HT highligts Creative Capitalism

Dr. Muhammad Yunus has talked extensively about reconceptualizing “capitalism” in his new book, “Creating a World Without Poverty: Social Business and The Future of Capitalism,” suggesting that “capitalism” posits human beings as one dimensional profit maximizers, devoid of complexity and multi-dimensionality. He proposes the reconceptualization of capitalism in the context of social business, where the market contributes to the social good through what he terms “social business entrepreneurs” (SBEs). In the same vein, Bill Gates recently spoke at the World Economic Forum about “creative capitalism”. Hindustan Times in a recent piece covered the speech with a focus on how creative capitalism will impact brands, (Through NextBillion)

At the recent annual World Economic Forum, Davos, the redoubtable Bill Gates spoke of “creative capitalism”-an approach where governments, businesses, and nonprofits work together to stretch the reach of market forces so that more people can make a profit, or gain recognition, doing work that eases the world’s inequities. There is an increasing recognition and acceptance of this new and more complex definition of business. And at a different level, it could be the harbinger of a new way of building sustainable brands and corporations.Unilever group has a tool called ‘Brand Imprint’ that essentially requires the company to qualify and quantify the impact that its brands have – emotionally, socially, physically, spiritually, intellectually and environmentally. It’s like a tool to figure out if there is a holistic contribution towards bettering of the communities being served. This recognition is not based on a sense of charity alone, it could actually mean reaching out to a new market that was largely untapped, but has much potential. More often than not, market forces fail to make an impact in many segments not because there’s no demand, or because money is lacking, but because not enough time, effort and resources, are spent studying the needs and limits of those markets.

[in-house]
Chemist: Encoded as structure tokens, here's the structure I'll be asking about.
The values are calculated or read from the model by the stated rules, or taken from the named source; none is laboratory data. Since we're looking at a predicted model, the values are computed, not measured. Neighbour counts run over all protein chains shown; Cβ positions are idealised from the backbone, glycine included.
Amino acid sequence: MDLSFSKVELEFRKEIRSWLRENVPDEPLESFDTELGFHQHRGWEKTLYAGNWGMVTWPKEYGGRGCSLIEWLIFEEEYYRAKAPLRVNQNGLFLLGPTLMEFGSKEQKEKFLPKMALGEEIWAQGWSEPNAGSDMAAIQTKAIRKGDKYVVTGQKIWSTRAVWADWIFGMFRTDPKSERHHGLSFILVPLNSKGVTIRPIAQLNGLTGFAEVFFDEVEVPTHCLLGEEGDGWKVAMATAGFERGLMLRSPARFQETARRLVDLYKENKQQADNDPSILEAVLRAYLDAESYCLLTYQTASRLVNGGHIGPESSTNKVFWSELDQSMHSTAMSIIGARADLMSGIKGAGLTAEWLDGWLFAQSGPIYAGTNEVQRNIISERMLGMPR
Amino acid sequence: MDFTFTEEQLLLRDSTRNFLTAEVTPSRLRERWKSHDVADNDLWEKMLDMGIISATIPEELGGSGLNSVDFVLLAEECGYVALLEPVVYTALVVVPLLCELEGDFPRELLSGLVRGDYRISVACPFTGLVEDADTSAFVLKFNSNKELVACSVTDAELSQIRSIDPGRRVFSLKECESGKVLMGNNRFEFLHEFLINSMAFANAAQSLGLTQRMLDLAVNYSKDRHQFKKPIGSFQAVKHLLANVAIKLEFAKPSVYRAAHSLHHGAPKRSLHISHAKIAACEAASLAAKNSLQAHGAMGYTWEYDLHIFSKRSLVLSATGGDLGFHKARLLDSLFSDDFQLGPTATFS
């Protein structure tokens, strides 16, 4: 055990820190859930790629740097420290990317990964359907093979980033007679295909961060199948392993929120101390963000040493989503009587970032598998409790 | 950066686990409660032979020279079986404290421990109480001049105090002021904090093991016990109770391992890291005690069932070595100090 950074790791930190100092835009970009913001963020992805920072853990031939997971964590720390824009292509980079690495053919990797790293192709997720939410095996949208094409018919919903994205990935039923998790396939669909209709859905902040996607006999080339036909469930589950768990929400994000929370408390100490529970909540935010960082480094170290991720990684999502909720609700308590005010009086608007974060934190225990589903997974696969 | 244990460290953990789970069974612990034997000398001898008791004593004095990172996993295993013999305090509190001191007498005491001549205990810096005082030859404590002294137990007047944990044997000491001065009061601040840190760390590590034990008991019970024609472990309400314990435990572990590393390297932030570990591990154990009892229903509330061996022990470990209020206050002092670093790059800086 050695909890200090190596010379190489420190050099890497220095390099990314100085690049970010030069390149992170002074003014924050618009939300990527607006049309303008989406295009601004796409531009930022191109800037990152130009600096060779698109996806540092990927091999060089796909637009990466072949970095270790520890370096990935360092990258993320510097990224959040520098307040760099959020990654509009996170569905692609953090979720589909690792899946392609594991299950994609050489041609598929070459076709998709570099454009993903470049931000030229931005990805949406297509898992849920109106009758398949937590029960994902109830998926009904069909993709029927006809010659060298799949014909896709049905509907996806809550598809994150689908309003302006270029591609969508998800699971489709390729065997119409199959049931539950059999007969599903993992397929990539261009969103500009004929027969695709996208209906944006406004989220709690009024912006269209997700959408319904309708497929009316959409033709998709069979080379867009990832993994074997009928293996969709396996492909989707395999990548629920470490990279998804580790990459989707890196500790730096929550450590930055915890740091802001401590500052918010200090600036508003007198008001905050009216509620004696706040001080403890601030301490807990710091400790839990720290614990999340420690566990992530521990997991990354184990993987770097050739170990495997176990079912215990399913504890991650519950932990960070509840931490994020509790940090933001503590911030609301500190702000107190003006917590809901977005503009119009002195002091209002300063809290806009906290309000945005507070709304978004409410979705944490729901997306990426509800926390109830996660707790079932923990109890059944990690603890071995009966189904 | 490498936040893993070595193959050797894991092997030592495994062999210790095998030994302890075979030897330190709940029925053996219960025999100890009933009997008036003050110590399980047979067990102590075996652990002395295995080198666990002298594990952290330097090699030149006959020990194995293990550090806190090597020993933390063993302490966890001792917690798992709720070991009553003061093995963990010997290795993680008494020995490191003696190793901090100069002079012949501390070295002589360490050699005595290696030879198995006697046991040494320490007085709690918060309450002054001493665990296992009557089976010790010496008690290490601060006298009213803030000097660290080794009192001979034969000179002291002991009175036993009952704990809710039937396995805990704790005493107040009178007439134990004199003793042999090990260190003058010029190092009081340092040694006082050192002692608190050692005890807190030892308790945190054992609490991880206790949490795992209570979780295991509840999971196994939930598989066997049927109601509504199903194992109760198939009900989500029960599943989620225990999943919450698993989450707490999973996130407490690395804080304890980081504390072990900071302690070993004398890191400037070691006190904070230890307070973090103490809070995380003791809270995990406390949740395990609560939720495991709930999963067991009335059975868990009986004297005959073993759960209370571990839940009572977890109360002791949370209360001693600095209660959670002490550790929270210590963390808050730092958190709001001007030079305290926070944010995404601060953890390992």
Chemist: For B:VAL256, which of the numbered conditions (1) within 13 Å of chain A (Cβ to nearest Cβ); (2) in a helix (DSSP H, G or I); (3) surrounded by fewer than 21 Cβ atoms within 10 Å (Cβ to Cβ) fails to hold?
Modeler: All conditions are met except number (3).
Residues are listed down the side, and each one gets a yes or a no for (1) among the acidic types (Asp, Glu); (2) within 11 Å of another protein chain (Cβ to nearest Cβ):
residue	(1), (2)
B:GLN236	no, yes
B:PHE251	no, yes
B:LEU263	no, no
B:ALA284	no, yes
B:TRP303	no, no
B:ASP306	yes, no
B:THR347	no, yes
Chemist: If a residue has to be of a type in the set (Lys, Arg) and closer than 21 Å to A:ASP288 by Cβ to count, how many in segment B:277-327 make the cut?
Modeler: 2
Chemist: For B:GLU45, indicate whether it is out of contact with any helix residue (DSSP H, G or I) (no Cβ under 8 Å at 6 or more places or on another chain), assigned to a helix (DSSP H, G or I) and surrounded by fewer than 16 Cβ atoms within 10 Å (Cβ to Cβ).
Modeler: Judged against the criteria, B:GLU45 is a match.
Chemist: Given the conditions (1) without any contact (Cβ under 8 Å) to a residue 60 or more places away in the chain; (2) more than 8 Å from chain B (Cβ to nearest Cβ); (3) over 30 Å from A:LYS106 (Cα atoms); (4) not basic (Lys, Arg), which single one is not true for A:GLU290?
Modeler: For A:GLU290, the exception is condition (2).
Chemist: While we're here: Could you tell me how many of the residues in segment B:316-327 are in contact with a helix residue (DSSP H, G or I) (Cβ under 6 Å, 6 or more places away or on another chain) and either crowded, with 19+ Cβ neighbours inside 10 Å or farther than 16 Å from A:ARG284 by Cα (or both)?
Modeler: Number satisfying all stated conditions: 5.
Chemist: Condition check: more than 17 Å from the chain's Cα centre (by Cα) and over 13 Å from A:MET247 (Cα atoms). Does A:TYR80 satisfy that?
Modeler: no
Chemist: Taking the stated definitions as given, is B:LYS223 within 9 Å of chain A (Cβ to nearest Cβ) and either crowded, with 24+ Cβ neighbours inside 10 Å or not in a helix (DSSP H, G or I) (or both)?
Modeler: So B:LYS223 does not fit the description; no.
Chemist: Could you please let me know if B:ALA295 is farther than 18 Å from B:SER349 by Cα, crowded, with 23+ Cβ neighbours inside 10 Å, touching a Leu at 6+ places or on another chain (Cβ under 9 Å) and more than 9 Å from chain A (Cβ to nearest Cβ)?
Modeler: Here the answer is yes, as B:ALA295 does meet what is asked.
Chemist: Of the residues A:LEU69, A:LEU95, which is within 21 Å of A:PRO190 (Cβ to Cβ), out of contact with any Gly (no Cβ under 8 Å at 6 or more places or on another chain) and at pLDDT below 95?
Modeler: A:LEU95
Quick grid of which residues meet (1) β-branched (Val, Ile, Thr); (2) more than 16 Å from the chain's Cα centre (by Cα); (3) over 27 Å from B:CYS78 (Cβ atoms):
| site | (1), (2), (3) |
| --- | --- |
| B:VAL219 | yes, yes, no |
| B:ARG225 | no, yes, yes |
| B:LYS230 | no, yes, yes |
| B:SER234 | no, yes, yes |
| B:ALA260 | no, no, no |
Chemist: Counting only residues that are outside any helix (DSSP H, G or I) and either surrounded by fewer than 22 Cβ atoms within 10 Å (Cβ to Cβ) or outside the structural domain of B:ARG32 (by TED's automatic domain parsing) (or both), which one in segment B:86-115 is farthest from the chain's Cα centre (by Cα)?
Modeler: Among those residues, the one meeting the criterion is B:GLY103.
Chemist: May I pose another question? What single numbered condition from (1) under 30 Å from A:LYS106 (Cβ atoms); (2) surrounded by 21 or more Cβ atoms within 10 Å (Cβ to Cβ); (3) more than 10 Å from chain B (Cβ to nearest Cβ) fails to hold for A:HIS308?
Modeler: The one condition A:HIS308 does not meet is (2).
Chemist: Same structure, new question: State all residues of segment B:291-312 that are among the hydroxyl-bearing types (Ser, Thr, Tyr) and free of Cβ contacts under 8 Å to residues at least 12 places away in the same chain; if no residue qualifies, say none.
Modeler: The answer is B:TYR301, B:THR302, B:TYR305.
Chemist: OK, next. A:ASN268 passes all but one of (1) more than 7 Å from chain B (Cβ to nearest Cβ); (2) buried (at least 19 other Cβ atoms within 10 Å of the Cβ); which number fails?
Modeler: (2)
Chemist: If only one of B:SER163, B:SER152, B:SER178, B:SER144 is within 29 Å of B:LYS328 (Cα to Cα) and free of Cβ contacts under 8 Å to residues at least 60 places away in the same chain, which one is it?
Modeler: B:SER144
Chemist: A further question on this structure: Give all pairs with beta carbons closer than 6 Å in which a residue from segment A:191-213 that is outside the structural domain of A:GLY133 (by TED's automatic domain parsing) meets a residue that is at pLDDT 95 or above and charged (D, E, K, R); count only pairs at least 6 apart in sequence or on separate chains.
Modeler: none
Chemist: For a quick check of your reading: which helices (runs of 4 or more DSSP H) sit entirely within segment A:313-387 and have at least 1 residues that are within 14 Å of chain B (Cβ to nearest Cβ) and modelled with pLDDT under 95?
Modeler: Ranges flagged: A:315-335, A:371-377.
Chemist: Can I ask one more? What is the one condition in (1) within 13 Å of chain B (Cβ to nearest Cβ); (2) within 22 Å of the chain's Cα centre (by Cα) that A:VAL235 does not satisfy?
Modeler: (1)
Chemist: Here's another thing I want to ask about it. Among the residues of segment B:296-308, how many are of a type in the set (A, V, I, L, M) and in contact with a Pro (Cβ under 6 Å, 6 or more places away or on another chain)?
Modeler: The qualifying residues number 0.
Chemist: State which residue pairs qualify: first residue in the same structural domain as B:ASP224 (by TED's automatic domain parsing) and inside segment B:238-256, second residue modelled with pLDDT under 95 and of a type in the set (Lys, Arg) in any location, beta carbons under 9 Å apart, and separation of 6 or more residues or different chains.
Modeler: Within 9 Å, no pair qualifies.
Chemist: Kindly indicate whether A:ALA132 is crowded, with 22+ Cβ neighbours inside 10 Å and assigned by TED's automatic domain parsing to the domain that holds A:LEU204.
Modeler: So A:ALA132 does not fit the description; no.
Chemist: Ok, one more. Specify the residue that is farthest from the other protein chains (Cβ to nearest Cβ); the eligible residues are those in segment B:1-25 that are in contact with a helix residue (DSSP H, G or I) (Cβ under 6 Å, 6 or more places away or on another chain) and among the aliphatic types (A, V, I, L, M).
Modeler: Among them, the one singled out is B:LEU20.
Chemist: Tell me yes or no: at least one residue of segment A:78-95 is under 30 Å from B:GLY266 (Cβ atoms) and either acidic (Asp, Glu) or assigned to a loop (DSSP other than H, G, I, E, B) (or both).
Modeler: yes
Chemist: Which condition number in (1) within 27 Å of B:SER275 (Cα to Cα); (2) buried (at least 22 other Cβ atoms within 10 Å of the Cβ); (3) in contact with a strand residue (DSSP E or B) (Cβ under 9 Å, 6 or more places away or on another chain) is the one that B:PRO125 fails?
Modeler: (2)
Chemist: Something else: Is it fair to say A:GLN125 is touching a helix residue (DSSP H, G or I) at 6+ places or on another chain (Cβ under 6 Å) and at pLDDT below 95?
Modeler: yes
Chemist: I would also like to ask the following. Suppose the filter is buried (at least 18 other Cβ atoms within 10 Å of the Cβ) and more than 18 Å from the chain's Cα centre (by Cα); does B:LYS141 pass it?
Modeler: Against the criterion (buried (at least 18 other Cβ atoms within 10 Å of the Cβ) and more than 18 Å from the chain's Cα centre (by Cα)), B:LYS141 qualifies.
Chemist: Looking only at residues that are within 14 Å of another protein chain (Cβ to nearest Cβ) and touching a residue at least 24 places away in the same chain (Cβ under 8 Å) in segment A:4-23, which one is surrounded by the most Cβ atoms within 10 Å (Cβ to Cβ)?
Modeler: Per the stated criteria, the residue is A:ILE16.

Its interesting to see that the idea of Creative (and Kinder) Capitalism is getting traction and coverage in India. Of course, It was not long ago that Prime Minister Manmohan Singh made a controversial speech at a CII gathering, highlighting the need for Inclusive Growth.To read the entire HT article, go here.


One Response

  1. […] to “see serving the poor as part of their mission,” which he had earlier termed “creative capitalism.” Topics of discussed included microfinance, insurance, savings, technology, and education  (namely […]

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